By Lori Lovely
Most commercial, industrial, and retail buildings today use some level of intelligent system, most commonly in lighting, HVAC, or security. Because the technology is advancing so rapidly, it’s now possible to collect more data and use it to accomplish many more tasks.
Previously, building owners often installed building management systems piecemeal, usually starting with lighting or HVAC. With multiple automated systems, data must be collected from multiple places. Overcoming the limitations of individual systems, some owners and managers switched to partially integrated systems that combined networks and automation of specific functions. The more integrated systems generally require less manual intervention, thus enabling faster decision-making.
Many communities are considering, researching, or implementing microgrid solutions. The underlying rationale often involves complex business, operational, and economic issues. See our FREE Special Report: Understanding Microgrids. Download it now!
Over the past several years, the building industry has recognized the importance of modernizing building HVAC and lighting system designs to enable interconnection, data collection, and analysis, increasingly turning to fully integrated building management systems. Using one infrastructure to manage all the building’s systems minimizes manual intervention, increases productivity, and produces even more data.
Integrative process design is not new, states Gina Elliott, business development for emerging markets, Viconics Electronics, but now it’s adopted more for operational efficiencies because it is less compartmentalized and can work across trades: mechanical, electrical, and IT.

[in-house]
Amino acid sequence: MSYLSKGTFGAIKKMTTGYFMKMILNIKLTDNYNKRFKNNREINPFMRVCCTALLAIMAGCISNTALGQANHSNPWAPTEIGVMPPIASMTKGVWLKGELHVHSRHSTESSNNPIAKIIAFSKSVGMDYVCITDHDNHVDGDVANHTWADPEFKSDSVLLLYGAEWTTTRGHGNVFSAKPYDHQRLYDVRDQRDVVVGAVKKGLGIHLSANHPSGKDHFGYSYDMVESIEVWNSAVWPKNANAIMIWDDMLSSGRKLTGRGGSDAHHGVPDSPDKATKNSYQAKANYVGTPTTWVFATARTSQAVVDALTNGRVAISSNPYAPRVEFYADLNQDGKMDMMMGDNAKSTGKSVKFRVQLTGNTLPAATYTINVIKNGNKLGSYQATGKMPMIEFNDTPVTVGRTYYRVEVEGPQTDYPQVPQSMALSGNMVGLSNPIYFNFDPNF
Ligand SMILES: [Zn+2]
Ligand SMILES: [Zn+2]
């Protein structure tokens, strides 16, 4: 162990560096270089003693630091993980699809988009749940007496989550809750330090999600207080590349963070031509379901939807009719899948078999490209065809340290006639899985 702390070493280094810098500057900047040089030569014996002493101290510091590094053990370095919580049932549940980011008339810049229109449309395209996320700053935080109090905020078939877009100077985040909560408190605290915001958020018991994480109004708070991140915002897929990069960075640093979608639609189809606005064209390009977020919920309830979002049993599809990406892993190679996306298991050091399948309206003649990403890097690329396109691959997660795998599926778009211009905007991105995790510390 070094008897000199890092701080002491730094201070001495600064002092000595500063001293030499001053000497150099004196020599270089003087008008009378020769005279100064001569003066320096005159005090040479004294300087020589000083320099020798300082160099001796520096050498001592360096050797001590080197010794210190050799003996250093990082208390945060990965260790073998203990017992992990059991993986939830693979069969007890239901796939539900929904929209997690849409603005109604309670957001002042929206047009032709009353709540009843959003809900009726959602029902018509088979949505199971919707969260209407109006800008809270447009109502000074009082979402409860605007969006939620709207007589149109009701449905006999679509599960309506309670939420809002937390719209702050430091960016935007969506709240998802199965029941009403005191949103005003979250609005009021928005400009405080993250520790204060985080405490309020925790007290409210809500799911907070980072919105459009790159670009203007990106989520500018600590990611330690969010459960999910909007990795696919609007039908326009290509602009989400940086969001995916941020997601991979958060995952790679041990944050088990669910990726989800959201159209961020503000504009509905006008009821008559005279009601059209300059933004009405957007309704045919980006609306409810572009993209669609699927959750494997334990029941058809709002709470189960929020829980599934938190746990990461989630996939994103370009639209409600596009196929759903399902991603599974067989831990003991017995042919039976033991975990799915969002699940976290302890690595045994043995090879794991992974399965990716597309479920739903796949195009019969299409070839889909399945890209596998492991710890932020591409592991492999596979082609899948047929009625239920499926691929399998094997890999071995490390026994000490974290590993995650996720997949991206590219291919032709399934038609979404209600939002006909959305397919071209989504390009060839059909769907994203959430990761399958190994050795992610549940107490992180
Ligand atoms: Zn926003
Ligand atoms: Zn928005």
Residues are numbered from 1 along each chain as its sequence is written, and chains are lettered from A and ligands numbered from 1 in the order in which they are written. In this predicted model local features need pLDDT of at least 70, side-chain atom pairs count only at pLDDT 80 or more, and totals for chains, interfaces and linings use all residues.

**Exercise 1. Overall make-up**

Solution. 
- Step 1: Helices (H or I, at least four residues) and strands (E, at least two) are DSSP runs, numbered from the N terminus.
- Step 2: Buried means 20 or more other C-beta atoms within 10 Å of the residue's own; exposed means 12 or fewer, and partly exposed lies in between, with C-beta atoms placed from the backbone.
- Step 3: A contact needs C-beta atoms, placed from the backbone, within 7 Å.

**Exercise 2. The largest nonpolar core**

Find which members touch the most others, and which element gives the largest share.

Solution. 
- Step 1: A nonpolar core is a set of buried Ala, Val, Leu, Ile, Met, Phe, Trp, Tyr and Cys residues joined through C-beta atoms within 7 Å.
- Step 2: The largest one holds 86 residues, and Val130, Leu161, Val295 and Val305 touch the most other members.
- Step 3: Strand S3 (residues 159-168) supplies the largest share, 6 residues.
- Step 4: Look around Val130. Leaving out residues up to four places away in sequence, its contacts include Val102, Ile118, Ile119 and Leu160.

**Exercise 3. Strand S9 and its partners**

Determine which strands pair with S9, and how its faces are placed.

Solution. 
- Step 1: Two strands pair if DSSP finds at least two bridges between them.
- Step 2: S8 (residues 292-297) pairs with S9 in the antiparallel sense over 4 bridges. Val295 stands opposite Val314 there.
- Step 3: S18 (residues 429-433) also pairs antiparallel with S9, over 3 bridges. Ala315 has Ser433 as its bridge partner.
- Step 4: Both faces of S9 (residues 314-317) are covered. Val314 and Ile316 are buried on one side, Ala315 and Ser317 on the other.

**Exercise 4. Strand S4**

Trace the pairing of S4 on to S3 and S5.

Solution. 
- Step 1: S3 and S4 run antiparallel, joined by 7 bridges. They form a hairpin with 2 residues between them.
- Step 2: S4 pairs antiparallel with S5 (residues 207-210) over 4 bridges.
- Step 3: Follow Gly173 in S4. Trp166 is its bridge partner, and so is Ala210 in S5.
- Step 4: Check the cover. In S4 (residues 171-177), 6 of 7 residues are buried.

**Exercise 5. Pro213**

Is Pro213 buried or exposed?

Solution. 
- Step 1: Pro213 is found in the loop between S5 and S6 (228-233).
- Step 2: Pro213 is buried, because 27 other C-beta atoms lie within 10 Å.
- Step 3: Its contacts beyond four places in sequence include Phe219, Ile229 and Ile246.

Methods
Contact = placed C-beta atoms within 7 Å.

For years, it’s been accepted in large commercial facilities such as standalone retail stores like Costco and Home Depot, says Jamie Daubenspeck, director of facility technology at Ecova, but now there’s also a lot of adoption in medium and small commercial facilities—those that are less than 10,000 square feet in size, like convenience stores.
Elliott believes it’s more readily adopted now because of the ability for multiple systems to operate in tandem. “You can’t have different teams working independently.” She says that’s a change in the design itself.
It’s not that we’re missing much technology now, argues Tom Shircliff, co-founder and principal at Intelligent Buildings. “There’s no lack of algorithms, but the industry is fragmented so we’re a decade behind in adopting the technology.”
There’s plenty of technology and systems to make anything happen, agrees his colleague and co-founder, Rob Murchison. “The conversation has changed from systems to use-cases. We talk about scenarios and what it takes to make them happen.”
The conversation is not the only thing that has changed. Shircliff says that he no longer considers Intelligent Buildings a sustainability company. “We’re an energy efficiency company.” Of course, smart building systems are about more than just efficiency. They’re also about health and productivity, as well as sustainability. “It’s a balance, and it’s all driven by data.”
“Granular analysis is helping to revolutionize how we think about smart building design, from occupancy usage patterns to how controls systems respond to changing conditions,” says Don Kasper, vice president of operations at Ecorithm. “This deep understanding of building science and operation will help us form a basis for technologies like AI, blockchain, and cloud-based services to automate building operations and allow buildings to become a much more interactive environment.”
Energy efficiency impacts occupant comfort. As Elliott explains, smart technology does two things. Firstly, by tagging energy transactions, the building management system allows facility managers to segment devices to collect more and better data. “You see more points and have more access with edge devices, enabling you to determine the cause [of issues] faster. Tagging lets you know all the building so you can focus on improving the occupant experience.”